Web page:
While the title suggests another dire warning of a coming explosion in the world’s population, in fact, the term “population wars” as used here refers to a historical pattern of populations brought into contact with one another, the ensuing conflicts, and the resulting assimilations.
Graffin (co-author: Anarchy Evolution: Faith, Science, and Bad Religion in a World Without God, 2010) is the lead singer and songwriter for the punk band Bad Religion and a lecturer on evolution at Cornell University, where he earned his doctorate in zoology. Both sides of his life are apparent as the iconoclastic storytelling scientist challenges conventional thinking about evolution. The populations discussed range from microbes and viruses inside the human body to American Indian tribes and European settlers in North America—all stories of the persistence of populations, compromise, and assimilation. Human wars, writes the author, are not about victors and the vanquished but rather natural population phenomena. As populations grow, conflict is inevitable, and it is therefore incumbent on us as a species to alleviate its ravages as much as possible. Graffin argues that we must revise our thinking about two concepts: competition and free will. He rejects the idea that competition is a driving force of evolution, seeing evolution rather as the product of symbiotic relationships. As for free will, he writes that humans are the products of genes, embryonic development, and environment but that if we care to, we can, to some degree, make informed choices about our actions. His recommendation: instead of thinking about annihilating our foes or eradicating evil, turn our thoughts to protecting our environment, learn from the natural world how other species have managed to get along, and “become a race of enlightened citizens among the community of other species with whom we coexist.”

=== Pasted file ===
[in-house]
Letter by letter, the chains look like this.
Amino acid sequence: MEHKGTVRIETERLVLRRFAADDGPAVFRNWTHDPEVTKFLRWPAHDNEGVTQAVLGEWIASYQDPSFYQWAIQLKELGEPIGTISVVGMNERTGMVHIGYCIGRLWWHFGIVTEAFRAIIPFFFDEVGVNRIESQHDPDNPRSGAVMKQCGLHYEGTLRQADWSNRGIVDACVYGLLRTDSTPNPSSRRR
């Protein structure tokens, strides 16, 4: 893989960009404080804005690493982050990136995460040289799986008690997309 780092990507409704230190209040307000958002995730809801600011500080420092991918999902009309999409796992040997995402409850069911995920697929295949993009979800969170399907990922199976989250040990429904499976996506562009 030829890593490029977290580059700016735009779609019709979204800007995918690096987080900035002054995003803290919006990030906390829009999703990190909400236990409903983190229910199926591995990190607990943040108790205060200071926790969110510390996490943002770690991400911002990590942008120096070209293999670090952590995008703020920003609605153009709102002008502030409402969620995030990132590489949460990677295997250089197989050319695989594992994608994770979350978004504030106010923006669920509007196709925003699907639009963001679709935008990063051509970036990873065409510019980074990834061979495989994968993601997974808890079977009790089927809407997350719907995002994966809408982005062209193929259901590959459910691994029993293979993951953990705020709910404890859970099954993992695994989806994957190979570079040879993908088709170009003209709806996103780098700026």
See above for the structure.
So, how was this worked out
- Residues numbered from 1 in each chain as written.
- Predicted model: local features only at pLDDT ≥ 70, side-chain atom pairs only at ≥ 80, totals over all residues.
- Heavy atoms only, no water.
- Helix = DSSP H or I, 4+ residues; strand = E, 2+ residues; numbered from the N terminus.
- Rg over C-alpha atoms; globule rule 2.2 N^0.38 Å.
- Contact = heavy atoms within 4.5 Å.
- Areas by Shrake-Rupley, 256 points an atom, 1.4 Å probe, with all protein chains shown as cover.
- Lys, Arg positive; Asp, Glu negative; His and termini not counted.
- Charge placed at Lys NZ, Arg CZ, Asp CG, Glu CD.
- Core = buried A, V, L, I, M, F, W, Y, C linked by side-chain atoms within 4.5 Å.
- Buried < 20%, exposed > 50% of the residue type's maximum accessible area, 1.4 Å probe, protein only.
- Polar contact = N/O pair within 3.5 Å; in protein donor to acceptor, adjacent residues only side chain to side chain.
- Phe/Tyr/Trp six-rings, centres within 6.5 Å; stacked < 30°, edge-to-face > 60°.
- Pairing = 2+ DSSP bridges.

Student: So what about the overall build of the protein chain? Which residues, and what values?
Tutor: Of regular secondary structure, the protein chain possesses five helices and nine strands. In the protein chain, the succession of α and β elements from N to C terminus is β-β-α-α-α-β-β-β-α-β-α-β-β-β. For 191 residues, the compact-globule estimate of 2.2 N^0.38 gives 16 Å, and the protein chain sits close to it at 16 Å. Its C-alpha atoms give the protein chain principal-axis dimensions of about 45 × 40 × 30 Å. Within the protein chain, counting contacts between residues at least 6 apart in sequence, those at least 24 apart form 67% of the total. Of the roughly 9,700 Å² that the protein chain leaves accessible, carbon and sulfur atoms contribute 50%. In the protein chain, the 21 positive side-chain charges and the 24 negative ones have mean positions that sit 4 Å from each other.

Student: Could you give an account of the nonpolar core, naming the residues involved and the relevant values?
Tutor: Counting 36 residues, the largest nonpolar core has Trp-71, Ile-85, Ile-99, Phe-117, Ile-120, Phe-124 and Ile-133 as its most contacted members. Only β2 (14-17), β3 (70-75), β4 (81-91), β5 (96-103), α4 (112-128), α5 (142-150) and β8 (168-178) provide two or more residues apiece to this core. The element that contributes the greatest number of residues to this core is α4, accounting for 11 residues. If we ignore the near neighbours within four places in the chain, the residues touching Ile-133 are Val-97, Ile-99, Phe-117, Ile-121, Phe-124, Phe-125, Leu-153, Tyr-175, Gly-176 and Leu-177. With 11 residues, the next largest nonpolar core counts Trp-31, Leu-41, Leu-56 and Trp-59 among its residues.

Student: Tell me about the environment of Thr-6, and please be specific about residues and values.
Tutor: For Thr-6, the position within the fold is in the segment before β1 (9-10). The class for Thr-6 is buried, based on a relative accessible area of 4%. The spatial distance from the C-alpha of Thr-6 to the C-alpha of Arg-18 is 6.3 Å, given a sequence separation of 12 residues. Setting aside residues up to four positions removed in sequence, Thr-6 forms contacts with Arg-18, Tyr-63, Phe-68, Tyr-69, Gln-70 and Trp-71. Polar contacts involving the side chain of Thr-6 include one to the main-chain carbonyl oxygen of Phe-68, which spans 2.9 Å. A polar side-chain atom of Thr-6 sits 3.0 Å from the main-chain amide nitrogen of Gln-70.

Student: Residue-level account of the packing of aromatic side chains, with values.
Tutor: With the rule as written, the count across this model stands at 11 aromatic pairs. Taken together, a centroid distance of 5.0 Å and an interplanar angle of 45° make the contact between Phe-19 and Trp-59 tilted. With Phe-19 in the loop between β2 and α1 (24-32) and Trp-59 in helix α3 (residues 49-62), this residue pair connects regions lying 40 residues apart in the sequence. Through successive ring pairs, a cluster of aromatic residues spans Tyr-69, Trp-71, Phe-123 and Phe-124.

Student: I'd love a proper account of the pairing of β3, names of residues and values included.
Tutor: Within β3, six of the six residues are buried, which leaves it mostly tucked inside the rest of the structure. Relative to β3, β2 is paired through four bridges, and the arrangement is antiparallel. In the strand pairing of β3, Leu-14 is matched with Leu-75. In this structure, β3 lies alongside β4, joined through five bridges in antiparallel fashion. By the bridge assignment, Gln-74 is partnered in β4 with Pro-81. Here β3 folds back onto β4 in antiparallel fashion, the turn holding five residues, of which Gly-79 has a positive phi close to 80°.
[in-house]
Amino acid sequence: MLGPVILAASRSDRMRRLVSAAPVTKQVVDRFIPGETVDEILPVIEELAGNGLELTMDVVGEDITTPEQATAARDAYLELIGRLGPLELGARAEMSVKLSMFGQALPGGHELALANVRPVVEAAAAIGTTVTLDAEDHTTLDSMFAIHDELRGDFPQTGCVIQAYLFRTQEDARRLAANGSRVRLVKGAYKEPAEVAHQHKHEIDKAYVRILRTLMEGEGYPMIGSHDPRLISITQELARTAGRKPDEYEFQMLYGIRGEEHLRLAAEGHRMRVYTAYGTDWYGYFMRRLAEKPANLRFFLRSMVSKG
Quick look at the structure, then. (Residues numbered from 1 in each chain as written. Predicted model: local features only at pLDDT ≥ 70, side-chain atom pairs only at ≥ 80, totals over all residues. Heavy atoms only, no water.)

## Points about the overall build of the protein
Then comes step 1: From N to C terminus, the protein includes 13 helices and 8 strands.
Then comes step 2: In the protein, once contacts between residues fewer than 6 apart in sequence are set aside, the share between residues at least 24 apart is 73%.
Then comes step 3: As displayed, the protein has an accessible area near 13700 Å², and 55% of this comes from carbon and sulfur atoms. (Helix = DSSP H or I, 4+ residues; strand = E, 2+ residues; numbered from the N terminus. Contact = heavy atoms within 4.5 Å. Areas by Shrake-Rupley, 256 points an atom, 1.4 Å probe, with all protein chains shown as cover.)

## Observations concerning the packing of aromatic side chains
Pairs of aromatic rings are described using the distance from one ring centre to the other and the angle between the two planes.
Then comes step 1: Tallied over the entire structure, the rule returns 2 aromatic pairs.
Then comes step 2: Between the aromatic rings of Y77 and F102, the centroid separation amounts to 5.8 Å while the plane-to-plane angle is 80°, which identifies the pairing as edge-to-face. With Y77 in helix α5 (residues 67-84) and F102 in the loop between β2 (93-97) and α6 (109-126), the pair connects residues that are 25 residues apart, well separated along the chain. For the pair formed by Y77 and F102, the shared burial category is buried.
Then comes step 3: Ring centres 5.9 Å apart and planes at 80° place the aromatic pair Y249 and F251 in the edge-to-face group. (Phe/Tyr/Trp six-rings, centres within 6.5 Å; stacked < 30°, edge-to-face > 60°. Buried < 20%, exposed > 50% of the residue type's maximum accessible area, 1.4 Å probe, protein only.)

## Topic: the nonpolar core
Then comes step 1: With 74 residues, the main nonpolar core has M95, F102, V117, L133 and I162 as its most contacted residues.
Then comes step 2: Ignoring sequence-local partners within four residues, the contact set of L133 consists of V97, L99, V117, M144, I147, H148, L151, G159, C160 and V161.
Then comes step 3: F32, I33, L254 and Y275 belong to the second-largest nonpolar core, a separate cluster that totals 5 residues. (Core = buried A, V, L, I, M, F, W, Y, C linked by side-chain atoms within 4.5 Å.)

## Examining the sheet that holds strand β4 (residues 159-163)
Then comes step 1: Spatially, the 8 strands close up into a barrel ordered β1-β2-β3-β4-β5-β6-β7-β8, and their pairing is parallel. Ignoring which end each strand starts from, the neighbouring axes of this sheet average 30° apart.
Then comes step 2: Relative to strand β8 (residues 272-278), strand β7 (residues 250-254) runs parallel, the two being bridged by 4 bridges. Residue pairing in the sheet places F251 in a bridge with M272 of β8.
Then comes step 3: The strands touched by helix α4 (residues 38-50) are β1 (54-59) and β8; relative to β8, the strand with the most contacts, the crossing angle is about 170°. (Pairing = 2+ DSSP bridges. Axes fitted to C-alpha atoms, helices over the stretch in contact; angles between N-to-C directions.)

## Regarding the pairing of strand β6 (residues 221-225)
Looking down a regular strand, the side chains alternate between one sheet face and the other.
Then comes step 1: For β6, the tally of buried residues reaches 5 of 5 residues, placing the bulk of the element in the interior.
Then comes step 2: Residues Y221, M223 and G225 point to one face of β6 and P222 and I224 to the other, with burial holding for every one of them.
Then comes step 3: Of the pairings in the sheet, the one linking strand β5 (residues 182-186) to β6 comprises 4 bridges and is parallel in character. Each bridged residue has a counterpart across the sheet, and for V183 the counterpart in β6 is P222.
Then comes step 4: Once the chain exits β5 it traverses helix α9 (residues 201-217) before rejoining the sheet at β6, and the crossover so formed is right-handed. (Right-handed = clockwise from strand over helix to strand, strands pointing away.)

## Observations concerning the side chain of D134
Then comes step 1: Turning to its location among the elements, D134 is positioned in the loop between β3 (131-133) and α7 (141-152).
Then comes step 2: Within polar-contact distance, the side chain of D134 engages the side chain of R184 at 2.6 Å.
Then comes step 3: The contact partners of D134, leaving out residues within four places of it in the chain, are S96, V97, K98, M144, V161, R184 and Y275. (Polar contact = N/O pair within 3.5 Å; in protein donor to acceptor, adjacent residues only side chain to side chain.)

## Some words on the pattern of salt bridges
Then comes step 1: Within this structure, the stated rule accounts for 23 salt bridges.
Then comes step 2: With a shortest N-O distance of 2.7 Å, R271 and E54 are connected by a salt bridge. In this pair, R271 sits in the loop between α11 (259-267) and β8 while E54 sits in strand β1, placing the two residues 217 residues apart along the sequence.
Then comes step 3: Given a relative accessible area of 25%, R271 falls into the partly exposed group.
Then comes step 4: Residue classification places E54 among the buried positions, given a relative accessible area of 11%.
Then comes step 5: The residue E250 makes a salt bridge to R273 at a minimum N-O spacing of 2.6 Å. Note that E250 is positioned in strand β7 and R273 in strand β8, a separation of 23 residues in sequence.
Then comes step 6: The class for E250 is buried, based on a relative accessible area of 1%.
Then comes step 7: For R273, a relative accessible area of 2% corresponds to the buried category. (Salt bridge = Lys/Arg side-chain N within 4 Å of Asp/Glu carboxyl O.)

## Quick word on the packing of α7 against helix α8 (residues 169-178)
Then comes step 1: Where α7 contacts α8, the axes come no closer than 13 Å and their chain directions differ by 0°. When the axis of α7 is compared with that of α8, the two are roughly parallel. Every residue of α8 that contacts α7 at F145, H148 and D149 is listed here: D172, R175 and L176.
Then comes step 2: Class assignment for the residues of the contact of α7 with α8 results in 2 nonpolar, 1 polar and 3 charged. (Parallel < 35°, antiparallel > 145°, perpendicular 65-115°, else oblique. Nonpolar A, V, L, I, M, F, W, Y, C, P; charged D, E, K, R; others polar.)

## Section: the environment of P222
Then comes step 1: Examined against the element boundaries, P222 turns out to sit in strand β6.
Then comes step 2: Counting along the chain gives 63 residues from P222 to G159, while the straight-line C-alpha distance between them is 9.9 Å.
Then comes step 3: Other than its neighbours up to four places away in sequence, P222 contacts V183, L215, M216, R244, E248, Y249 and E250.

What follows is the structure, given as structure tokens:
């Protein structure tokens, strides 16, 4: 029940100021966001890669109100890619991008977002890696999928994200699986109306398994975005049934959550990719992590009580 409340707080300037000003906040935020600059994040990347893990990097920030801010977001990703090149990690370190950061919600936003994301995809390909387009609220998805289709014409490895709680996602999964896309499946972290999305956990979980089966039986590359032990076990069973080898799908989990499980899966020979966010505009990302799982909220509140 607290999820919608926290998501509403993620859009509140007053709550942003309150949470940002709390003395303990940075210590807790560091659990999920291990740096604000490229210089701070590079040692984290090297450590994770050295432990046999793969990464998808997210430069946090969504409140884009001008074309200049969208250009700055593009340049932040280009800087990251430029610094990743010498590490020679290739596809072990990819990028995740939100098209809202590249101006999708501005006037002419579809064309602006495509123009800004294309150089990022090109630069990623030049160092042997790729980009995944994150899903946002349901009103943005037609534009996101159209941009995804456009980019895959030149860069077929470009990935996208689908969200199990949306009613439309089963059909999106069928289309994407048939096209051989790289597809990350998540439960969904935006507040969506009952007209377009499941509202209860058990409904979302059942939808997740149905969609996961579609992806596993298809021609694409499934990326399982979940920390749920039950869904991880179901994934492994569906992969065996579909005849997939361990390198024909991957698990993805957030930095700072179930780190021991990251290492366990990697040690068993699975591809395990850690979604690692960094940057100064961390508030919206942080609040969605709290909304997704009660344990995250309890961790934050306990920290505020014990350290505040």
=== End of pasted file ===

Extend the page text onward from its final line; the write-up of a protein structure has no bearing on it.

The science lectures are occasionally long-winded, but Graffin’s message is challenging, and the professional entertainer shines through.